JOURNALIST: Mr Shorten, if you as a future Labor Government, if you were to adopt the recommendations of a banking Royal Commission, why has a Shorten Opposition ignored the recommendations of the trade union Royal Commission? Why listen to one and not the other?
SHORTEN: James there's more hypotheticals in that than a normal question…
JOURNALIST: Not really. You have dismissed the findings of the Trade Union Royal Commission. Why is that?
SHORTEN: No we haven't actually. What I have said is the Trade Union Royal Commission produced some unacceptable examples of very poor behaviour from a number of individual trade unionists and I have no time, I have no time for any official who was taking members' money and doing the wrong thing. Absolutely no time. But that to me does not mean that we cannot have a discussion, a debate and indeed a Royal Commission into the banking industry of Australia. Every Australian over 18 just about has a bank account, every Australian or most Australians have a credit card, most Australians aspire to having a mortgage if they don't already have one, most Australians have insurance policies many of which are sold through the banking sector. It is not good enough every time there is a problem for Mr Turnbull, Mr Morrison or the big banks to say, "Nothing to see here. Keep moving along." There clearly is something to be seen here. The Labor Party will not rest until we have the strongest and healthiest possible standards in our banking sector.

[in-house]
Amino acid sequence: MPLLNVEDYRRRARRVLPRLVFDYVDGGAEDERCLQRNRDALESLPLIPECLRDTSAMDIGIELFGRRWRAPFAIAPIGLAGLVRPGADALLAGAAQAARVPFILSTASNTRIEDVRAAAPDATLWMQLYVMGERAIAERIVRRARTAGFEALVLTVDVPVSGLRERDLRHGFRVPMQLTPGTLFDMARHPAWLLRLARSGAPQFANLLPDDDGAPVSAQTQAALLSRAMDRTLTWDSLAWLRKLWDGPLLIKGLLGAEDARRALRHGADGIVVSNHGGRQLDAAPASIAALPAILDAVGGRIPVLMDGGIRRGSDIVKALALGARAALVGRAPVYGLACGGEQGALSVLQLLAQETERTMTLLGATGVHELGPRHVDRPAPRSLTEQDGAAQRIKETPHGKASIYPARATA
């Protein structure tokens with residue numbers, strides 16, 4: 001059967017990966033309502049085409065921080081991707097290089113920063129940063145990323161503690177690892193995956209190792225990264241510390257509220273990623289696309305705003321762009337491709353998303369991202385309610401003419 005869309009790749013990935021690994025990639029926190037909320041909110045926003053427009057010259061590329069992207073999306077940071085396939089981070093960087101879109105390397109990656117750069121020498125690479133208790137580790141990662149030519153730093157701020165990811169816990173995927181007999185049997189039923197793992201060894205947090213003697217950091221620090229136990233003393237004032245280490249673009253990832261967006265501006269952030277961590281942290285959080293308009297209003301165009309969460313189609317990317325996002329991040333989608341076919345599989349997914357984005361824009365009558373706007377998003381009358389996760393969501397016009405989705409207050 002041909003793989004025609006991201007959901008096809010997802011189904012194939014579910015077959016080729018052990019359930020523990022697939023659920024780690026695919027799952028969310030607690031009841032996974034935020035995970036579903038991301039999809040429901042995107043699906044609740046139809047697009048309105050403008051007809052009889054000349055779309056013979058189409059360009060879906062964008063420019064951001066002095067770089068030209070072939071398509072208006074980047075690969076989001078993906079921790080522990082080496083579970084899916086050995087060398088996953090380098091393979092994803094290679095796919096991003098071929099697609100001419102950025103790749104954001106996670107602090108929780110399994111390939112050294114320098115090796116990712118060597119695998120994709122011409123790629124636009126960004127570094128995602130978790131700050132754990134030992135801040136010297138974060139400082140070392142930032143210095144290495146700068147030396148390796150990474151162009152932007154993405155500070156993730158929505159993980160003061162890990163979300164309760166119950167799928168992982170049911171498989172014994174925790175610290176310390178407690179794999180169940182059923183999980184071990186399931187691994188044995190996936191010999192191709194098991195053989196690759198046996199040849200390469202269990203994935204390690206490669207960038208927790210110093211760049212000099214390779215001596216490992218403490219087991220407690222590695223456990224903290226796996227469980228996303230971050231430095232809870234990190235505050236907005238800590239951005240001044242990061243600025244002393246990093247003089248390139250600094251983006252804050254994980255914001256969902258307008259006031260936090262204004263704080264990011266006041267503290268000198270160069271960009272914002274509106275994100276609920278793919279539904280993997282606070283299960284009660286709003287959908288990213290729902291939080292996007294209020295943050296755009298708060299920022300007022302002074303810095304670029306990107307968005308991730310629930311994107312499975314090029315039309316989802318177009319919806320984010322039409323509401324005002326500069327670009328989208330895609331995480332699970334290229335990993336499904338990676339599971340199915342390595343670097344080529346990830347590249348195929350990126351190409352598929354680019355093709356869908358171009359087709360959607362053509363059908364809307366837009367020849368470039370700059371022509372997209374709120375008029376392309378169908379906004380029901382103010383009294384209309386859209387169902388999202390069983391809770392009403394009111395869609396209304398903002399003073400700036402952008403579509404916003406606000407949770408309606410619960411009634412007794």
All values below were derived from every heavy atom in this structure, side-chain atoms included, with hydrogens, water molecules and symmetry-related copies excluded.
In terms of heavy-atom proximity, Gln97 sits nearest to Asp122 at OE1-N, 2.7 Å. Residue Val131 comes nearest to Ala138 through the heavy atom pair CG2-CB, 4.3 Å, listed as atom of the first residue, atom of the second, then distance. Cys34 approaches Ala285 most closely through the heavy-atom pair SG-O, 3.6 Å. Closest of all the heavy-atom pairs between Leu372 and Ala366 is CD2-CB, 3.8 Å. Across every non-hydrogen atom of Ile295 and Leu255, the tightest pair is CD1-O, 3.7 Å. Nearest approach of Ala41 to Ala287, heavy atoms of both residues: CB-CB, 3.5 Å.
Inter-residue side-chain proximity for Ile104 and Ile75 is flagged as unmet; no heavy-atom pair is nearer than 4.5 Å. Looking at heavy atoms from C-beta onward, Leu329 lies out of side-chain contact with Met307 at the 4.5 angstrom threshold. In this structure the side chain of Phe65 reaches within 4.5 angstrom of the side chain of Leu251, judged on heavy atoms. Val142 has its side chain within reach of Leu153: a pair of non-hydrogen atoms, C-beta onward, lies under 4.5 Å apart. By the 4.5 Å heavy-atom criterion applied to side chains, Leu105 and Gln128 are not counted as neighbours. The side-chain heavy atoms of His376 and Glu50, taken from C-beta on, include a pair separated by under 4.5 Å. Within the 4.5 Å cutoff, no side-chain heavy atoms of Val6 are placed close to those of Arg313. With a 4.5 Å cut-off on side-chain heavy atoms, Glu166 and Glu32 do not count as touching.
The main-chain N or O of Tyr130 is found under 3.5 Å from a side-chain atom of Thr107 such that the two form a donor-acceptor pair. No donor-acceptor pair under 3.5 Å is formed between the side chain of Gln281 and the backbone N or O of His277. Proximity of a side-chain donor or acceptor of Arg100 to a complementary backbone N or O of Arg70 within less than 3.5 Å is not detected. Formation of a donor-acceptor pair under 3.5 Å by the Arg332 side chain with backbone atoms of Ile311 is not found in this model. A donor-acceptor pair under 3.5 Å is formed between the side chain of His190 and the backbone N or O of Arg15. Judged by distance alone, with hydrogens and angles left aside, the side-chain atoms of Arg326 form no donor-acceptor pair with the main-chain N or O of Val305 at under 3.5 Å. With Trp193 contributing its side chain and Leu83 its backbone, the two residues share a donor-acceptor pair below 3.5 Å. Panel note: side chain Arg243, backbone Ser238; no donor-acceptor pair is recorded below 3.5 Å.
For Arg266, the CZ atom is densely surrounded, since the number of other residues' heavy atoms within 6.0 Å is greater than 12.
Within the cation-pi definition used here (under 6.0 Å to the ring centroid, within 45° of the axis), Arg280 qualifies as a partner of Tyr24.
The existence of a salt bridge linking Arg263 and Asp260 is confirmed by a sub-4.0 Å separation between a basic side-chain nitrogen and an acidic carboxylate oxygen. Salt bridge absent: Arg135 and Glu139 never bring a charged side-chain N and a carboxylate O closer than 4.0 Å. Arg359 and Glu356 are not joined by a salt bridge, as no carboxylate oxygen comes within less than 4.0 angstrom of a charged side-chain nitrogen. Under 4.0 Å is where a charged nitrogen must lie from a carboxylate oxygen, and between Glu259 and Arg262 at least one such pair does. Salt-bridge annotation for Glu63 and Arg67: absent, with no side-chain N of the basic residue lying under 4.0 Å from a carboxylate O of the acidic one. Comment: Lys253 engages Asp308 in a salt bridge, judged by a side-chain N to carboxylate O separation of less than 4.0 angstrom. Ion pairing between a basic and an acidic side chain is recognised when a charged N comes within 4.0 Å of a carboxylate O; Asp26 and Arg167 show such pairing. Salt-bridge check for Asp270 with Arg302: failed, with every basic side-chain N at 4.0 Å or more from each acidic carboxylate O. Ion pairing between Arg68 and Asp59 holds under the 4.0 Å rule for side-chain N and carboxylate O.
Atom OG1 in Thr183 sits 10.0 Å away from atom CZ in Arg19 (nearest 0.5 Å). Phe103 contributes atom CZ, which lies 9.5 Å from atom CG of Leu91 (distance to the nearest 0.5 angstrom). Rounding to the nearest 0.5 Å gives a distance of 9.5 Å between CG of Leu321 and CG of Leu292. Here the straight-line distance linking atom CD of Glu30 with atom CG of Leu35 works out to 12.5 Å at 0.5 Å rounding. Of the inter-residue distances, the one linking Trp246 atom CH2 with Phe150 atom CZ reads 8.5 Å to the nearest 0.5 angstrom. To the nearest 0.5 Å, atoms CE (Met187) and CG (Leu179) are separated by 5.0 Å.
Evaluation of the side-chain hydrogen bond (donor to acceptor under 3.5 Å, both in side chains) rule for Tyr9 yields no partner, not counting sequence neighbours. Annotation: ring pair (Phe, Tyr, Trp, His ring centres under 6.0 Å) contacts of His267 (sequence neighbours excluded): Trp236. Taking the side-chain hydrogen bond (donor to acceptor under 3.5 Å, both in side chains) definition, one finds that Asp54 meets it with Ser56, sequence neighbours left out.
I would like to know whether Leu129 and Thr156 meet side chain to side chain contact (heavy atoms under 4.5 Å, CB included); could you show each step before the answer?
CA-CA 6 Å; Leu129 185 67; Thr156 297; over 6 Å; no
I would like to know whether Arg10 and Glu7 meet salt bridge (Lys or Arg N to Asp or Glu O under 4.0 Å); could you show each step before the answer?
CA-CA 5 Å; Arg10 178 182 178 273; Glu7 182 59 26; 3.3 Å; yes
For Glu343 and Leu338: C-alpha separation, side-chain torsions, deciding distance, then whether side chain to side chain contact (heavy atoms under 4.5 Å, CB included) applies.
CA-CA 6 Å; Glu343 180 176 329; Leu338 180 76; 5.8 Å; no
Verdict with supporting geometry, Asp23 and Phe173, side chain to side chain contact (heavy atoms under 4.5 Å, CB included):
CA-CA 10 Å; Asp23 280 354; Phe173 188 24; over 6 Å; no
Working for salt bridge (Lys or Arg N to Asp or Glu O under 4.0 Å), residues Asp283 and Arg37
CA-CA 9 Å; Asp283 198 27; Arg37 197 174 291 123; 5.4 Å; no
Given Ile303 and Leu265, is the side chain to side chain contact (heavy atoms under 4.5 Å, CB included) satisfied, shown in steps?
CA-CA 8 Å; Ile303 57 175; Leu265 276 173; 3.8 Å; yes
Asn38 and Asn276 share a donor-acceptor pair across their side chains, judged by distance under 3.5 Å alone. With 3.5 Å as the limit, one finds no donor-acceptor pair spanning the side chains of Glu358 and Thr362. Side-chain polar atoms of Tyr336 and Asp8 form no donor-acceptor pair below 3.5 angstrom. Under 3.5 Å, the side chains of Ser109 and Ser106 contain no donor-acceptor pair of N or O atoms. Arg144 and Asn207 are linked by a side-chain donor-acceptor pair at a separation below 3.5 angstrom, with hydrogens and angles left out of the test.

In terms of the recommendations of the Royal Commission into union governance, some of them we accept and others we don't see the case is made out for. We will look at the merits of recommendations based upon the evidence, but how much more evidence does Mr Turnbull need to stop being the body guard of the banking system of Australia, the big banks and their conduct and instead stand up for all the other Australians who are customers of banks in this country? I didn't invent the disappointing and the very hard, harrowing stories of the people I've just met and there are thousands of other customers who've been let down by their banks. The complaints against banks run into the tens of thousands and it isn't good enough for Mr Turnbull to say - to go to the Westpac birthday bash, give them some lecture about - he said himself that there are too many problems here just to be swept under the carpet so in the next couple of days the Labor Party says, you know what, Mr Turnbull, you're right, there are too many problems to be swept under the carpet. And what does Mr Turnbull do, get his broom out and sweep it right under the carpet again.